'Oh, what the hell," he thought, "what's one more meeting?'

"Okay, Janice, I guess I can make it." he agreed.

As he hung up the phone, he said out loud. "Of course, now I have to break it to Jim." He looked at the phone, leaving a message on the answering machine was the cowards way out, but he figured that Jim would forgive him.


"Jim, you want to step in here for a moment?" Simon called to Jim from his office.

"What's up?" Jim asked as he entered the room.

Simon handed him several sheets of paper. "This fax just came in from a Captain Winters in Center City, Texas. It's in response to an inquiry you made about the group, Common Humanity."

Jim looked perplexed as he took the documents. "Simon, I never made any inquiries about that group." He began to read, "In response to your request of March 23... that was over three weeks ago," Suddenly a thought came to him. "Wait a minute that was just after Blair's friend was killed. I'll bet you he made the inquiry, and used my name, to make it seem official."

"That's what I figured." Simon said, "You'd better read the rest of it."

Jim quickly skimmed the rest of the report, not liking what he was reading. The group had operated in Center City for over a year, and while they had been there, ten people associated with the group had died. Two had been suicides, the other eight had been found dead from a stab wound to the heart. No evidence could be found to link the group to the deaths, but they had closed up shop and moved out of town anyway, before the investigation had gotten close. The murders had stopped after the group left.

"I guess Sandburg wasn't so far off was he?" Simon said after Jim had finished reading.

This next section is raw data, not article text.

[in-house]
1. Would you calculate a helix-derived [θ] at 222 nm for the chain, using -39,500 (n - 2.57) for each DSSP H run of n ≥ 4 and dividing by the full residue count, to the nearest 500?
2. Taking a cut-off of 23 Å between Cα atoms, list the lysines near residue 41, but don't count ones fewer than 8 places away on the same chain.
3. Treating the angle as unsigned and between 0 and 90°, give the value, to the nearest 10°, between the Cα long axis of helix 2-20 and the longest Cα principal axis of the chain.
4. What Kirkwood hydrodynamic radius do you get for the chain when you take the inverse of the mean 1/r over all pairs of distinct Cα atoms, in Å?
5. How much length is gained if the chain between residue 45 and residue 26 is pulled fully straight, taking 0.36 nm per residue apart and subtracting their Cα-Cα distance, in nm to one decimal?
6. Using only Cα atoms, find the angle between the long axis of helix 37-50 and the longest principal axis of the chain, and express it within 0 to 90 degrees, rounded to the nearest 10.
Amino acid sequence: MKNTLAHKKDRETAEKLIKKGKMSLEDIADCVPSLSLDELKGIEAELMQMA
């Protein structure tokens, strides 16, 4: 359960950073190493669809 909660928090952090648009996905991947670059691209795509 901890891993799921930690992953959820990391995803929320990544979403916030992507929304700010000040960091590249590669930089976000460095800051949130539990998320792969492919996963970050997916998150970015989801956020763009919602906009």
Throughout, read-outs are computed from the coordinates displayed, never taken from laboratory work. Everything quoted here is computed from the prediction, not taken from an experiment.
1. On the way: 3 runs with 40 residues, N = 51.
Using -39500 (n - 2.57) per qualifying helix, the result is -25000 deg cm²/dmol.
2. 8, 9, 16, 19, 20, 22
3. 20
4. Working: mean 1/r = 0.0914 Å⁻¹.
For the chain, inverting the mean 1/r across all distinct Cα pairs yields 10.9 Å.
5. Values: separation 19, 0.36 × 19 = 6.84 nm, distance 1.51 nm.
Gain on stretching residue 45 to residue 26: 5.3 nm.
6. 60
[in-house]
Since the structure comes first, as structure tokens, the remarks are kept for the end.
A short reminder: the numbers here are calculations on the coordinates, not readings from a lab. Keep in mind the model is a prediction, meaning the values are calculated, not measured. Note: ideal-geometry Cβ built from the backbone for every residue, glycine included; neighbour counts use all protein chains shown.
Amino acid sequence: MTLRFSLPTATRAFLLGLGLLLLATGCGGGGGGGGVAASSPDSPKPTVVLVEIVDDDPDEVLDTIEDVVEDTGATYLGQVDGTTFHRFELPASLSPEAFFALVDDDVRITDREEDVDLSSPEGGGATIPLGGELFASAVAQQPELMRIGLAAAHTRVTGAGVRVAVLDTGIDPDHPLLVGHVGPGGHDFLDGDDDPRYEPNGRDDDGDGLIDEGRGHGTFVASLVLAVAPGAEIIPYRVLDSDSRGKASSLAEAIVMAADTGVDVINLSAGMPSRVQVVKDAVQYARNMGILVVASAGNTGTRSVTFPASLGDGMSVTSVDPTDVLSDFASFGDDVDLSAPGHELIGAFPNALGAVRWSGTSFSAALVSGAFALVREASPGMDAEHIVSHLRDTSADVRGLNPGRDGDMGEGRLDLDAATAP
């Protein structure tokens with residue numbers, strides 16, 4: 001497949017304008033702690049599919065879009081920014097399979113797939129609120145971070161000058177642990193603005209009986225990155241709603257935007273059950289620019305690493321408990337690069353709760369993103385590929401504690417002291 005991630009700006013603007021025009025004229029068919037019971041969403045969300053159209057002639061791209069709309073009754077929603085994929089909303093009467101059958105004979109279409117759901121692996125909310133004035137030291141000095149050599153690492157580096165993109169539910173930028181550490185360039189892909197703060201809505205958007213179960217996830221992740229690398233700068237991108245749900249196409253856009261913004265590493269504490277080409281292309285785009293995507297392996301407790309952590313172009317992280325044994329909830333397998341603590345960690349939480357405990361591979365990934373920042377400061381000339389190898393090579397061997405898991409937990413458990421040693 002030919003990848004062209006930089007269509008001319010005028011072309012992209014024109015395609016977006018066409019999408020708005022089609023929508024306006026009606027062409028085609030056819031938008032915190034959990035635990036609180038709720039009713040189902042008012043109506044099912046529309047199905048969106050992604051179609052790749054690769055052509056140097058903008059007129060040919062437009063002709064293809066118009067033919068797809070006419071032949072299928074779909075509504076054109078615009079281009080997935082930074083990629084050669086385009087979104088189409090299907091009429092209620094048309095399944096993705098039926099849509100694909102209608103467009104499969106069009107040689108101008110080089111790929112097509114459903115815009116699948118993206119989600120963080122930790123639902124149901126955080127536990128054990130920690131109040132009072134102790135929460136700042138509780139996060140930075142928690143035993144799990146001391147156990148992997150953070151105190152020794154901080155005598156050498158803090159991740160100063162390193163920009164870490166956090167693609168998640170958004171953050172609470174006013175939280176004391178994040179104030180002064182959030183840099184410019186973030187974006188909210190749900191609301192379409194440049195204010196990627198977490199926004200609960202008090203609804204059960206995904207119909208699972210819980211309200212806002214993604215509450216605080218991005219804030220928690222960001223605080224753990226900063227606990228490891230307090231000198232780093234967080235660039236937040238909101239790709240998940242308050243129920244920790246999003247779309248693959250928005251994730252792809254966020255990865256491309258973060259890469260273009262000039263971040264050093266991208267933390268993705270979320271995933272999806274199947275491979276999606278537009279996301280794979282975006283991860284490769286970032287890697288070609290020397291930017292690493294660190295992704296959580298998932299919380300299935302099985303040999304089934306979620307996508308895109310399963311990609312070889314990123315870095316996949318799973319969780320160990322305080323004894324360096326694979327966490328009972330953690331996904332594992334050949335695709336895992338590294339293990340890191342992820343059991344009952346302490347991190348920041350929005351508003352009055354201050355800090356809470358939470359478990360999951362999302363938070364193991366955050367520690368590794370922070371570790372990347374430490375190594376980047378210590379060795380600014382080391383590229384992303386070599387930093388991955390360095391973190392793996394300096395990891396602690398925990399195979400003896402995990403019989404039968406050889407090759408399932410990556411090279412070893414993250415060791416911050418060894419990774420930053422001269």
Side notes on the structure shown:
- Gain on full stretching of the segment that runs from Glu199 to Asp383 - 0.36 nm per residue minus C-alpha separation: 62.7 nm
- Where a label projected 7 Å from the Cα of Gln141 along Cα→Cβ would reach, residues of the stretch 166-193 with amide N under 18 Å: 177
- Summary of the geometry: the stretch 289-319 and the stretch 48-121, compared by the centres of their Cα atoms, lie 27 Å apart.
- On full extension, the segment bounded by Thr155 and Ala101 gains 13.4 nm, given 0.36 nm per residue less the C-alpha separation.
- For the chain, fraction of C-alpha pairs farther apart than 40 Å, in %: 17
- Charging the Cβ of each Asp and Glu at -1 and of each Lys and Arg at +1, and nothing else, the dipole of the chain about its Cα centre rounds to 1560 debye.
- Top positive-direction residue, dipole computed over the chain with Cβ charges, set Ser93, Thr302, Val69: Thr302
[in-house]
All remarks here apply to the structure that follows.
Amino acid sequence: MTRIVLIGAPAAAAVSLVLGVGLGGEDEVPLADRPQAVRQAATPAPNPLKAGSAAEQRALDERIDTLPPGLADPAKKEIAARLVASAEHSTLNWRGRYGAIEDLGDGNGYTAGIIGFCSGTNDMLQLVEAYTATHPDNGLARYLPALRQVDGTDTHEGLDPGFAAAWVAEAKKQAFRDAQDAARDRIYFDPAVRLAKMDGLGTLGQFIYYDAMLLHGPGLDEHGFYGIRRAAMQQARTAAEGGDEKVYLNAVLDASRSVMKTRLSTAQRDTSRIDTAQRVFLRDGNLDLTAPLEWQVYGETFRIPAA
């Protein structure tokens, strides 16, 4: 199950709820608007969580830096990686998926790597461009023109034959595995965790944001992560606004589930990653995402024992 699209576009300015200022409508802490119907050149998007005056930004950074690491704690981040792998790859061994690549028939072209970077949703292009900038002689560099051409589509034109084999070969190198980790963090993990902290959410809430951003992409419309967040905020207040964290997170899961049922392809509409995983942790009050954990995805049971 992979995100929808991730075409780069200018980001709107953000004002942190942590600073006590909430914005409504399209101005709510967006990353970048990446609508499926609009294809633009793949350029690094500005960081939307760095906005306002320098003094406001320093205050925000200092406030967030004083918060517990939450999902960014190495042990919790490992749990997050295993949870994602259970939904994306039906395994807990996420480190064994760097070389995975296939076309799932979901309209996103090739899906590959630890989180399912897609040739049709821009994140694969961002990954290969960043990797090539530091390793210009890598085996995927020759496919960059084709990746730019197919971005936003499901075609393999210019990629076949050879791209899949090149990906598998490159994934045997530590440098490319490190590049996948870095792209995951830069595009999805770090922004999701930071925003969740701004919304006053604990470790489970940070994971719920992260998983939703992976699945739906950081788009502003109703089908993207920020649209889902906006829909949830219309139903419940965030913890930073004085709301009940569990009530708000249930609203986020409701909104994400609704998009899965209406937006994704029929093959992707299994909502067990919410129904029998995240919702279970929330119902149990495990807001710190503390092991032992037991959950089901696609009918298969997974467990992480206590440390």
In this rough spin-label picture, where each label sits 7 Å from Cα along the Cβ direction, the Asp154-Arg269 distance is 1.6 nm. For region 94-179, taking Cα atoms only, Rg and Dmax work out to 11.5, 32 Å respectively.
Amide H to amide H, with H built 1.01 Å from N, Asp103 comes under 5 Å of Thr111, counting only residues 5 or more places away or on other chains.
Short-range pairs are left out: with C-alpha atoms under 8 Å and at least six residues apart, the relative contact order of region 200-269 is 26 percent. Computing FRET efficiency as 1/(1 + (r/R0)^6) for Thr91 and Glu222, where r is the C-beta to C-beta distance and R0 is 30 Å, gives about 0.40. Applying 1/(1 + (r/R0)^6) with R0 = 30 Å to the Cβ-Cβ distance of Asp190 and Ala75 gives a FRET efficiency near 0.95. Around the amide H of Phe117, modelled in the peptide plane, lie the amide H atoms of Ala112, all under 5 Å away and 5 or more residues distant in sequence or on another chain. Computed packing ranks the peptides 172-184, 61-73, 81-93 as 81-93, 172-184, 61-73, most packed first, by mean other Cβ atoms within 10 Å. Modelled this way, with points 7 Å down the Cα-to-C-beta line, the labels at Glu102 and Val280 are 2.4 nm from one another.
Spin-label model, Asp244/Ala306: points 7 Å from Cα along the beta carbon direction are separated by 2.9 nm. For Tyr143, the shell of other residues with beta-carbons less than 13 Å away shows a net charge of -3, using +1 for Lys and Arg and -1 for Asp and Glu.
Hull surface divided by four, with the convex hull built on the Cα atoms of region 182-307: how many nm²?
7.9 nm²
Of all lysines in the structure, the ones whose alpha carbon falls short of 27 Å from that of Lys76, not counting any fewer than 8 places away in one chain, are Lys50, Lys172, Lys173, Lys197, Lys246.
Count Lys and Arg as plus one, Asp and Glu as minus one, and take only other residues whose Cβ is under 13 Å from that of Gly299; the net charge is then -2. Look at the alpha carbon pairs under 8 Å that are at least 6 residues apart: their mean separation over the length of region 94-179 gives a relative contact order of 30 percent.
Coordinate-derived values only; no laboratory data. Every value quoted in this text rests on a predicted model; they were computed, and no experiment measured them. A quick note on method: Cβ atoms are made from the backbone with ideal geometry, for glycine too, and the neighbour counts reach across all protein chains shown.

"Yeah, thank God he decided to quit going to the meetings."

"I'm having records run a report on any bodies found in the last year or so that fit the same profile, death by a single stab wound to the heart. Just to see what they come up with."

"You think we have a cult on our hands?"

"I sure as hell hope not, Jim" came the reply.


All the way home, Jim rehearsed what he was going to tell Blair about the situation. He knew that the kid deserved to know that there might be more to Alan's death than originally thought. But he almost hated saying anything, and not only because he didn't want to dredge up bad memories. Blair had begun to accept what they had thought was the truth, and had given up on the idea that Common Humanity had anything to do with Alan's death. Jim feared that if he knew this new information, he would want to continue to go to the group, to try to obtain evidence against them. That, Jim had decided, was much too dangerous.

As it turned out, he didn't have to worry. Blair wasn't even home when he walked into the loft.

"That's strange," he thought. Blair had told him he would be home early, since the students were still on spring break. And since Jim had gotten stuck at the station anyway, it was past seven now. He spotted the answering machine, and it's blinking red light. He walked over and pressed the button, as he listened to Blair's words, his heart began to sink.

Quickly he picked up the phone to call Simon. When he answered, Jim's voice was strained. "Simon, we've got a big problem here."


As Blair parked his car and walked toward the building housing Common Humanity, he thought to himself, "Not too many cars here, must be early." Then he was struck by another thought. "Janice said this was a surprise party, most people probably parked on side streets so Kelly didn't get suspicious."

As he stepped into the building, he realized that there were very few lights on. He moved into the meeting room, calling, "Anyone here?"

The minute he entered the room, he knew something was wrong. The room was lit only by candles, which were all over the room. At the front of the room, where the lectern usually stood, was what looked like a large table, draped in black.

Something inside him screamed at him, GET OUT, NOW!!!! He turned to escape, and ran right into Frank Cummins, also dressed in black.

"Not so fast Blair, you wouldn't want to leave the party so soon." He said menacingly.

"That's right honey," came Janice's voice from behind him. Blair turned to see her, dressed in robes just like her brother, only hers were deep red. "After, all, we went to a lot of trouble to arrange this little party for you."